“The Story May as Well Begin Here”: Meadow Slasher by Virginia Konchan



Equal parts nocturnal labyrinth and philosophical investigation, Meadow Slasher, Joshua Marie Wilkinson’s fourth work in his No Volta pentalogy—preceded by Selenography (2010), Swamp Isthmus (2013), and The Courier’s Archive & Hymnal (2014)—metabolizes a wealth of texts and references, yet remains, adamantly, a work of art unto itself. Meadow Slasher takes several literary traditions—epistolary, pastoral, romantic, confessional—as well as the dramatic form of the soliloquy, and, quite simply, turns them on their heads. Robert Frost’s adage that poetry is language under pressure is deeply relevant to this controlled burn of a book, a hallucinatory soliloquy that haunts the reader with its probative flirtation—and, ultimately, defiance—of death.

Images of the abject are here interlaced with the images and sounds of mastery. “Sometimes I get down on the carpet// & my dog comes over to see if I’m dead”; “What is desire but// some pleasure in careening.// & yet it depends on how you// like it to cadence.” The syntax of this fervent meditation/surrealist love poem is routinely disrupted, in ways that foreground and bring alive the glorious heart of the text: indeterminacy.

“Blood, intestines, sacks of bile. All that.

Eternal offices of the sore throat.

Indeterminacy is a given

so you needn’t start there—

That strangler sure is good at finding abandoned buildings.”

Yes & very good.”

The voice, throughout, is equal parts slangy, clinical, lyrical, playful, and combative, the latter quality brought about by a near-constant questioning, often of the book’s reader or interlocutor. This is a reader- and other-haunted text, but the questions are just as often rhetorical: chilling, even, in their poetic brilliancy. “Am I on the phone because I can’t end this near a bed or a desk or// anything stable enough to fuck on?// Whiteout. Cold coffee.”

“What’s the right way out of here?”

“What did you want to become/ that rent you back to becoming?”

“You wanna cry?/ Cry./ Just don’t try to clobber me/ with your shitty poems.”

“You think/ we didn’t know/ how to find you?”

“What if you don’t ever slow down now?”

“Am I so afraid of being alone with the selves I was?”

The book’s stated influences, on the acknowledgement page, include Marvell, Mandelstam, Catullus, O’Brien, and Shakespeare. But the in-text references are far more vast. If a text without questions can be likened to a speaker who never inquires after the listener, what can we make of a text that is rife with, even centered around, the act of questioning? Edmond Jabès’ luminious The Book of Questions might bear on this discussion, but Meadow Slasher stands alone in its radical re-imagining of the trope of call and response as well as the poetics and politics of engagement with the other. And yet this remains a book that is fundamentally strange—not uncommunicative (au contraire)—but strange. Nearly every page of the 56-page continuous, untitled sequence contains raucous imagery coupled with rhetorical elisions so swift yet discombobulating that each page demands re-reading; the artful ambiguity is achieved not only by language but by stark and surprising enjambments.

The speaker in this text begins as an unidentified stranger, moving through the cities and towns of America, and ends as a possible extenuation of the original speaker, yet one intent on editing the text being put forth (“I crossed out so much there’s/little left to work through”).   Rife with allusions to undressing and unconcealing, particularly in relation to the stranger’s fantasy life, as well as keys and maps, the stranger appears to be both composing and deconstructing the self and the self’s narration at once. The title Meadow Slasher (referenced halfway through the book) is placed in conjunction with “motel drifters/ out on the city’s lip, lisping,” and seems to refer to the book’s project as anti- or at least post-pastoral; the act of slashing, or editing, as well as the twin tides of both dispersal and drift (here, “colleopterous scattering”) and search for what turns out to be a kind of myopic purpose and order, in life or aesthetic form. “The rain, no breaker. No turn, no volta, no nothing.// Another long thread to pull at in wonder of what it’s attached to.// Trying to set down what before I’d carry across into anarchism.”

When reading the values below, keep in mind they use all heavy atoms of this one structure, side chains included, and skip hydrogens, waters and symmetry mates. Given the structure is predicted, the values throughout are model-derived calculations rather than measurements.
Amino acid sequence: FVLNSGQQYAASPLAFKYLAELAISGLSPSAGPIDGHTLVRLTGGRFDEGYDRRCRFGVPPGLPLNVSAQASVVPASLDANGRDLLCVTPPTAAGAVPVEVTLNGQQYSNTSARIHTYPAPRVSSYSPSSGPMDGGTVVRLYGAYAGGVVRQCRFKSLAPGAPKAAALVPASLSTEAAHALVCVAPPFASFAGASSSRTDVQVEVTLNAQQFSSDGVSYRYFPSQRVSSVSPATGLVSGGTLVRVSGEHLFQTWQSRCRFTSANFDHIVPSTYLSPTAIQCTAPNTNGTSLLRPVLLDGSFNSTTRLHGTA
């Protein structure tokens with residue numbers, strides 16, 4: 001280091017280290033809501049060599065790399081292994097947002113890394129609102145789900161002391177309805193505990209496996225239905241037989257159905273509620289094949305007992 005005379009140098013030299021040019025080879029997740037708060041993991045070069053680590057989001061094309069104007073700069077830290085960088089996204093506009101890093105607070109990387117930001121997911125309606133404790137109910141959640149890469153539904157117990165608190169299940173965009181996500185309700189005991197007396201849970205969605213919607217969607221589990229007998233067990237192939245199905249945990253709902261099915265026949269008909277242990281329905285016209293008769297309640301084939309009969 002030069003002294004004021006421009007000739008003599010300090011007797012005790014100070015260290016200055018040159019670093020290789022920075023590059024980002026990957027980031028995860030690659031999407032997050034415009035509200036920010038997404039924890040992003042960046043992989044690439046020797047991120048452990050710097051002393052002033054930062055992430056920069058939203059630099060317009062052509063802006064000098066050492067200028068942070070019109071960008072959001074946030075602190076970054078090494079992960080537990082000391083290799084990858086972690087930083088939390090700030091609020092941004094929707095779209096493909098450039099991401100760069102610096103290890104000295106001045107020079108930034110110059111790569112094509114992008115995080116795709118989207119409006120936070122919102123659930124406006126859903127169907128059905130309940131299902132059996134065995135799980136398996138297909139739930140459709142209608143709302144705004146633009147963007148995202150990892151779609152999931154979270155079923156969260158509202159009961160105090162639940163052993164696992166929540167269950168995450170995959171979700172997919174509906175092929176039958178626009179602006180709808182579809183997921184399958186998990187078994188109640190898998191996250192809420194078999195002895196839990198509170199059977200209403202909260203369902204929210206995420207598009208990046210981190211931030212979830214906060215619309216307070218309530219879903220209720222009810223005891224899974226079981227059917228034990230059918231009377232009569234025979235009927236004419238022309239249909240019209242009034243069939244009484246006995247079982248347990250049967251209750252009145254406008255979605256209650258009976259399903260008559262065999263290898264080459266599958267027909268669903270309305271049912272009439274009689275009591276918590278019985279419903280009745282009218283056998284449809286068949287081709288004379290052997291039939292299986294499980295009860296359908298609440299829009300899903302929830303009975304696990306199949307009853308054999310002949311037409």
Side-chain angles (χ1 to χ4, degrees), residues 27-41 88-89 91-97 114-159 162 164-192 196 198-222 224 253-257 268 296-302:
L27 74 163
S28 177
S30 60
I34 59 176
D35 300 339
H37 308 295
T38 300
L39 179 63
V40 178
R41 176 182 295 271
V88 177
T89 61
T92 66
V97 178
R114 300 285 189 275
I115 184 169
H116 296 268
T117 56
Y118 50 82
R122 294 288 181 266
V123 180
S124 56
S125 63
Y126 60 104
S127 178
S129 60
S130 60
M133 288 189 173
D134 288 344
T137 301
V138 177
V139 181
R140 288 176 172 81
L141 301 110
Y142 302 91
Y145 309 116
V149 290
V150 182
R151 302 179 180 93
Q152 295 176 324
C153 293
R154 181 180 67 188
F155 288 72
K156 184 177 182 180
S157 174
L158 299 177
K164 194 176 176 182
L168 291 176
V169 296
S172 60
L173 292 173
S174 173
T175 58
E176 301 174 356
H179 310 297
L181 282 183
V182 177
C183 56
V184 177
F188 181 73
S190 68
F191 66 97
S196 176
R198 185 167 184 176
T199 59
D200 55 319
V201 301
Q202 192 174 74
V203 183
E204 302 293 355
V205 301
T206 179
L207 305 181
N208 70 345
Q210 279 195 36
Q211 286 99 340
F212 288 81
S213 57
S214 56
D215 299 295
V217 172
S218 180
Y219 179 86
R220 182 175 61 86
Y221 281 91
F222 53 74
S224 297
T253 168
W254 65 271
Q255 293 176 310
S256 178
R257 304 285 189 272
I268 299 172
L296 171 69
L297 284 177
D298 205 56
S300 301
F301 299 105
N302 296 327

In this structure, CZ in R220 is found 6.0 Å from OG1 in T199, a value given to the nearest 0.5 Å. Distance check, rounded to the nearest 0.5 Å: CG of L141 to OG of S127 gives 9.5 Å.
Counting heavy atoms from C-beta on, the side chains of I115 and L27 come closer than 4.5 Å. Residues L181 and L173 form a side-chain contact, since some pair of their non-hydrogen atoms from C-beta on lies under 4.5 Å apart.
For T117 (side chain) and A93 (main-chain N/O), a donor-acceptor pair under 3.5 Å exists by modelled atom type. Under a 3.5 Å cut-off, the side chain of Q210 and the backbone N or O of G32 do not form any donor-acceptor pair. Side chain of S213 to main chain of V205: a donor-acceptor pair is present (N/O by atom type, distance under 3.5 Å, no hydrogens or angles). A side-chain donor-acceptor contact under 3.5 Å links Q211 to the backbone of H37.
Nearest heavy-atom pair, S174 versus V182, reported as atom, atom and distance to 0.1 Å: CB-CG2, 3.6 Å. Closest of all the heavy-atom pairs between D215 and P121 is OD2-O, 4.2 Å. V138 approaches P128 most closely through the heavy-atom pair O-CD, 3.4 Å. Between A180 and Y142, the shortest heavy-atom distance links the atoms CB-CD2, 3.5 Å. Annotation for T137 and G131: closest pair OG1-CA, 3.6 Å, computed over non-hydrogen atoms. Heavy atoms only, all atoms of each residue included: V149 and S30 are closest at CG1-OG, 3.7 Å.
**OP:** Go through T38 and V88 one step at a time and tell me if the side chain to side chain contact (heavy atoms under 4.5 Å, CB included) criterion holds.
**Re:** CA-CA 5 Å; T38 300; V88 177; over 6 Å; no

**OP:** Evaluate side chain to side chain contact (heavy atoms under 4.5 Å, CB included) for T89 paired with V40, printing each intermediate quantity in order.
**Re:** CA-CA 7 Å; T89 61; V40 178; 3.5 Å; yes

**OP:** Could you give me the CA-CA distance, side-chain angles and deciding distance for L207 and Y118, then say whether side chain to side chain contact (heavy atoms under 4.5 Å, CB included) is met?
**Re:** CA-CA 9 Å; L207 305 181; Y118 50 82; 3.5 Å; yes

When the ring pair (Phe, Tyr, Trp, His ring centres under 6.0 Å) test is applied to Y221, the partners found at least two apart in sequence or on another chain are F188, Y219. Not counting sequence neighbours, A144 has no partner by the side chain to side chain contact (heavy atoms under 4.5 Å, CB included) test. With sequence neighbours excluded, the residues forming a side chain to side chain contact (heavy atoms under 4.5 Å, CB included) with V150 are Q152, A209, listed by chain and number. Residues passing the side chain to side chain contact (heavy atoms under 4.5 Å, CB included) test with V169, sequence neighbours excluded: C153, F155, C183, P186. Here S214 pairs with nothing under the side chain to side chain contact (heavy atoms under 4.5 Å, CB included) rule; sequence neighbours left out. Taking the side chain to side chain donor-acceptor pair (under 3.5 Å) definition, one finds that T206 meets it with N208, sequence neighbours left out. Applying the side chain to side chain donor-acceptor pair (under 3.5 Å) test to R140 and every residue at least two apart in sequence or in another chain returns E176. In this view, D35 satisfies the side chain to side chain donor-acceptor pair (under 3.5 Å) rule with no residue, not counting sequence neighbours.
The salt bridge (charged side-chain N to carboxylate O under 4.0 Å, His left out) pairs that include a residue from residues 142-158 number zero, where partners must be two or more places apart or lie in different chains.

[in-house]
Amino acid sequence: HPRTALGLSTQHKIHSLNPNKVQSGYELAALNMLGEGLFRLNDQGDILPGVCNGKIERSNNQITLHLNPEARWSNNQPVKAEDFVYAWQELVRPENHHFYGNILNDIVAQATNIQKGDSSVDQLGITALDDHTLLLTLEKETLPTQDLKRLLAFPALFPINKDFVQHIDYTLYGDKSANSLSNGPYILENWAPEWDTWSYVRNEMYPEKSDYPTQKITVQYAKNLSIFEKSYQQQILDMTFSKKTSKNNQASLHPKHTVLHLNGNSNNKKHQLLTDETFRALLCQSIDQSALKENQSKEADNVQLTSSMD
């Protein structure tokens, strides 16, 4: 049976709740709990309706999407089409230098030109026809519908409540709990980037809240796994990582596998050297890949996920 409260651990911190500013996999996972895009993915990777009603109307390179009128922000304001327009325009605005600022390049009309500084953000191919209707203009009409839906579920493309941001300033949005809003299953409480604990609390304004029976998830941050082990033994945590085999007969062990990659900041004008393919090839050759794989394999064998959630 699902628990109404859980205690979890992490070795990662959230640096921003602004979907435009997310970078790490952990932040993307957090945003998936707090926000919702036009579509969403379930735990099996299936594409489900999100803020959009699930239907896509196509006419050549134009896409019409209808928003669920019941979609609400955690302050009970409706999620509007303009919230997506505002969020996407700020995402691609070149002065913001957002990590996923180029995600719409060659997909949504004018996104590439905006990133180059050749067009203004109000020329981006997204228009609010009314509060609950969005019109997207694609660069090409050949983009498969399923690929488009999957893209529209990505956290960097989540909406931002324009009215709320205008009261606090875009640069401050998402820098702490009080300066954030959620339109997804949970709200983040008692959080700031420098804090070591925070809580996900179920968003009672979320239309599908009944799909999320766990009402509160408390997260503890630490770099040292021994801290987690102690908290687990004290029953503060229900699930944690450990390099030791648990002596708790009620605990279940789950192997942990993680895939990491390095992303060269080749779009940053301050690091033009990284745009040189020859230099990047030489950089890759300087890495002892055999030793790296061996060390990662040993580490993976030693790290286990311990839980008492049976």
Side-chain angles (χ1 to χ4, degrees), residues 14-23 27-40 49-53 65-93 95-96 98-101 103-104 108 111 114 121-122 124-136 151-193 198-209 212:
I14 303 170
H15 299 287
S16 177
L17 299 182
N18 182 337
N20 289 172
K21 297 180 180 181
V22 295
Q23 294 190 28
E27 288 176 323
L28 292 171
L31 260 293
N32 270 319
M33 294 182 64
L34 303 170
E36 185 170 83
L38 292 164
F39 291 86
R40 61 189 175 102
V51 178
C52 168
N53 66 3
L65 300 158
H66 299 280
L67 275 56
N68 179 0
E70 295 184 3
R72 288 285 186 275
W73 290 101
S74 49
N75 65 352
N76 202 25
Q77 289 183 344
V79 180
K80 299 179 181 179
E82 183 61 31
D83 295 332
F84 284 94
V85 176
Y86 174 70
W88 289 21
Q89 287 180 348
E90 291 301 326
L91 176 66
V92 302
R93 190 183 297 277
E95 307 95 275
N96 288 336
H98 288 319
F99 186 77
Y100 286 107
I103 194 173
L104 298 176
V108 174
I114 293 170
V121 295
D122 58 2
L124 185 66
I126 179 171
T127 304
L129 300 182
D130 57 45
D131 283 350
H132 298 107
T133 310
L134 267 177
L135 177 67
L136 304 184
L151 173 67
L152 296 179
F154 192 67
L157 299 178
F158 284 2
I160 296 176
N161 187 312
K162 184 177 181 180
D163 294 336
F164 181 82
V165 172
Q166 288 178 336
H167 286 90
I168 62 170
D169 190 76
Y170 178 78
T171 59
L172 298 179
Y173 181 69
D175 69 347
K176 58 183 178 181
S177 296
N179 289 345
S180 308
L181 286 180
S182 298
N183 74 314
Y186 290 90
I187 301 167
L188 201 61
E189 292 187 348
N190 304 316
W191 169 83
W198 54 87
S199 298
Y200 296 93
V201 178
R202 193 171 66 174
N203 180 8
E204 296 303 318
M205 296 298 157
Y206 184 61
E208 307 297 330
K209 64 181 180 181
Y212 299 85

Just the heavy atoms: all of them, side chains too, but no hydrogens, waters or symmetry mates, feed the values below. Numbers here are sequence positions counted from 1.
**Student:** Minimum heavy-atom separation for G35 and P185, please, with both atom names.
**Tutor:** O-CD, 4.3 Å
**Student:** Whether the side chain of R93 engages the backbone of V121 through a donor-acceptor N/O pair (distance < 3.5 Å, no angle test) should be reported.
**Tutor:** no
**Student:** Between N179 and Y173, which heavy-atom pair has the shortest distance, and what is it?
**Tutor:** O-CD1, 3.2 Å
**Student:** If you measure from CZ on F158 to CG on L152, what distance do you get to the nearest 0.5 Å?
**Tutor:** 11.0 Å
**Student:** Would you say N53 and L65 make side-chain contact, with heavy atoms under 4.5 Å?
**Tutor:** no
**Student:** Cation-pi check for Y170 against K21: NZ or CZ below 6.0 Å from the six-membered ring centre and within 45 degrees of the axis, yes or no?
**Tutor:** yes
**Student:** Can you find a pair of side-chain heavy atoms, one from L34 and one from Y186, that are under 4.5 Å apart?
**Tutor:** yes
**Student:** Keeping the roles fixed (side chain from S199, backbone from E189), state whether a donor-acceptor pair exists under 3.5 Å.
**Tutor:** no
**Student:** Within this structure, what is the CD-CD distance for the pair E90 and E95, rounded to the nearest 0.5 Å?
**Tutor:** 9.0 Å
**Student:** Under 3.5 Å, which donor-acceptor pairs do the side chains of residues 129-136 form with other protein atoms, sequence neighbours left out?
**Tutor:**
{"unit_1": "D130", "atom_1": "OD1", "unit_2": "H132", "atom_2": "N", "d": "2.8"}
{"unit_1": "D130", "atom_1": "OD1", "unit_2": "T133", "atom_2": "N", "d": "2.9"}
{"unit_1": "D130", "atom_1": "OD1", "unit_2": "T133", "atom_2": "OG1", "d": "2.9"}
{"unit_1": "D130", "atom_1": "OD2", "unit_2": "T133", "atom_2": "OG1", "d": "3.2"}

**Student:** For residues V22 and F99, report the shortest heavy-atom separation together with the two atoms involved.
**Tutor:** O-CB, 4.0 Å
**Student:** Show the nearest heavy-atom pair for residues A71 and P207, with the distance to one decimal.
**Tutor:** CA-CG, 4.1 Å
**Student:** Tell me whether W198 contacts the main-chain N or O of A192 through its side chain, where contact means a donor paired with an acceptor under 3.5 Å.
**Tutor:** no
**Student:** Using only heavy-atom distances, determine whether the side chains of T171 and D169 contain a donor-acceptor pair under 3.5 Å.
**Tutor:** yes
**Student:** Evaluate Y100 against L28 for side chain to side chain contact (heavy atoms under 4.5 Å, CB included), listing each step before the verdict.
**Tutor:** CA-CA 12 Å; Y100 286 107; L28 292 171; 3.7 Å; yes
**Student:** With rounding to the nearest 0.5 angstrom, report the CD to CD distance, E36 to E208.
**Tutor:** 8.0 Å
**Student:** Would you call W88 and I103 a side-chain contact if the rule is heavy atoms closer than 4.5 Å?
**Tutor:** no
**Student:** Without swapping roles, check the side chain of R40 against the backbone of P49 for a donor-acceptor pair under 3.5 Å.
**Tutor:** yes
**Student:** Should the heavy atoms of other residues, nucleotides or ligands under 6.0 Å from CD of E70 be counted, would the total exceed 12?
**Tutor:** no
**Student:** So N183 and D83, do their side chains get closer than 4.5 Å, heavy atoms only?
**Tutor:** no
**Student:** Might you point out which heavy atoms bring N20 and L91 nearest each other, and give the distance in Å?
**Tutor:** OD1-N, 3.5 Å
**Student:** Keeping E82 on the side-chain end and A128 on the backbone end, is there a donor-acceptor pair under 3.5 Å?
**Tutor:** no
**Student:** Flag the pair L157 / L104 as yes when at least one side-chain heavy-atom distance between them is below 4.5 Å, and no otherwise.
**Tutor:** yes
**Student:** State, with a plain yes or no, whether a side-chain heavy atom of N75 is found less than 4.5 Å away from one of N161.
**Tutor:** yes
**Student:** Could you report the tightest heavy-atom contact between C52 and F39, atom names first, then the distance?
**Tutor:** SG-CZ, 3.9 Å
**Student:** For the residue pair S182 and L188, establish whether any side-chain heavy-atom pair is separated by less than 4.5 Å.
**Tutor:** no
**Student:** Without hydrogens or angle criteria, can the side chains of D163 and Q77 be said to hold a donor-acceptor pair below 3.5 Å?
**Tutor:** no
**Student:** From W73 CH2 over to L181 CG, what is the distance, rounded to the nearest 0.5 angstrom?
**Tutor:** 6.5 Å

“What’s your angle?” the speaker asks, slyly, in the book’s middle; in keeping with his ventriloquism of various voices, he responds, “None to speak of/ standing.” Like Faust wrestling with his soul, a sculptor, his marble, or a poet, his muse, the central conflict of this text seems to be the precarious tipping point between hallucination and reality, and lyric possession and mastery, in a world where geography orients but doesn’t necessarily ground.

The grounding, not surprisingly, comes from the book’s pathos, which is both cryptic and tender (“Wet little pigeonheart// inside me thudding”), in a manner similar to Dickinson’s best poems about madness, which have the power to disorient, move, and haunt (particularly “I felt a cleaving in my mind”). The speaker’s unraveling yet lucid mind is fascinating to track, as it both toys with temporal sequencing (“categorizing your wounds”) as well as complete oblivion.

“How was it falling all the way down?” the speaker asks (down the ostensible abyss).

Kind of like, one would imagine, reading this book, portal after portal, dimension after dimension—a book whose indefinite premise and resolution compel all the more, being true-to-life, which is to say real.




Author of a poetry collection, The End of Spectacle (Carnegie Mellon, 2018), a collection of short stories, Anatomical Gift (Noctuary Press, 2017), and two chapbooks, including That Tree is Mine (dancing girl press, 2018), Virginia Konchan’s critical and creative work has appeared in The New Yorker, The New Republic, The Believer, Boston Review, and elsewhere.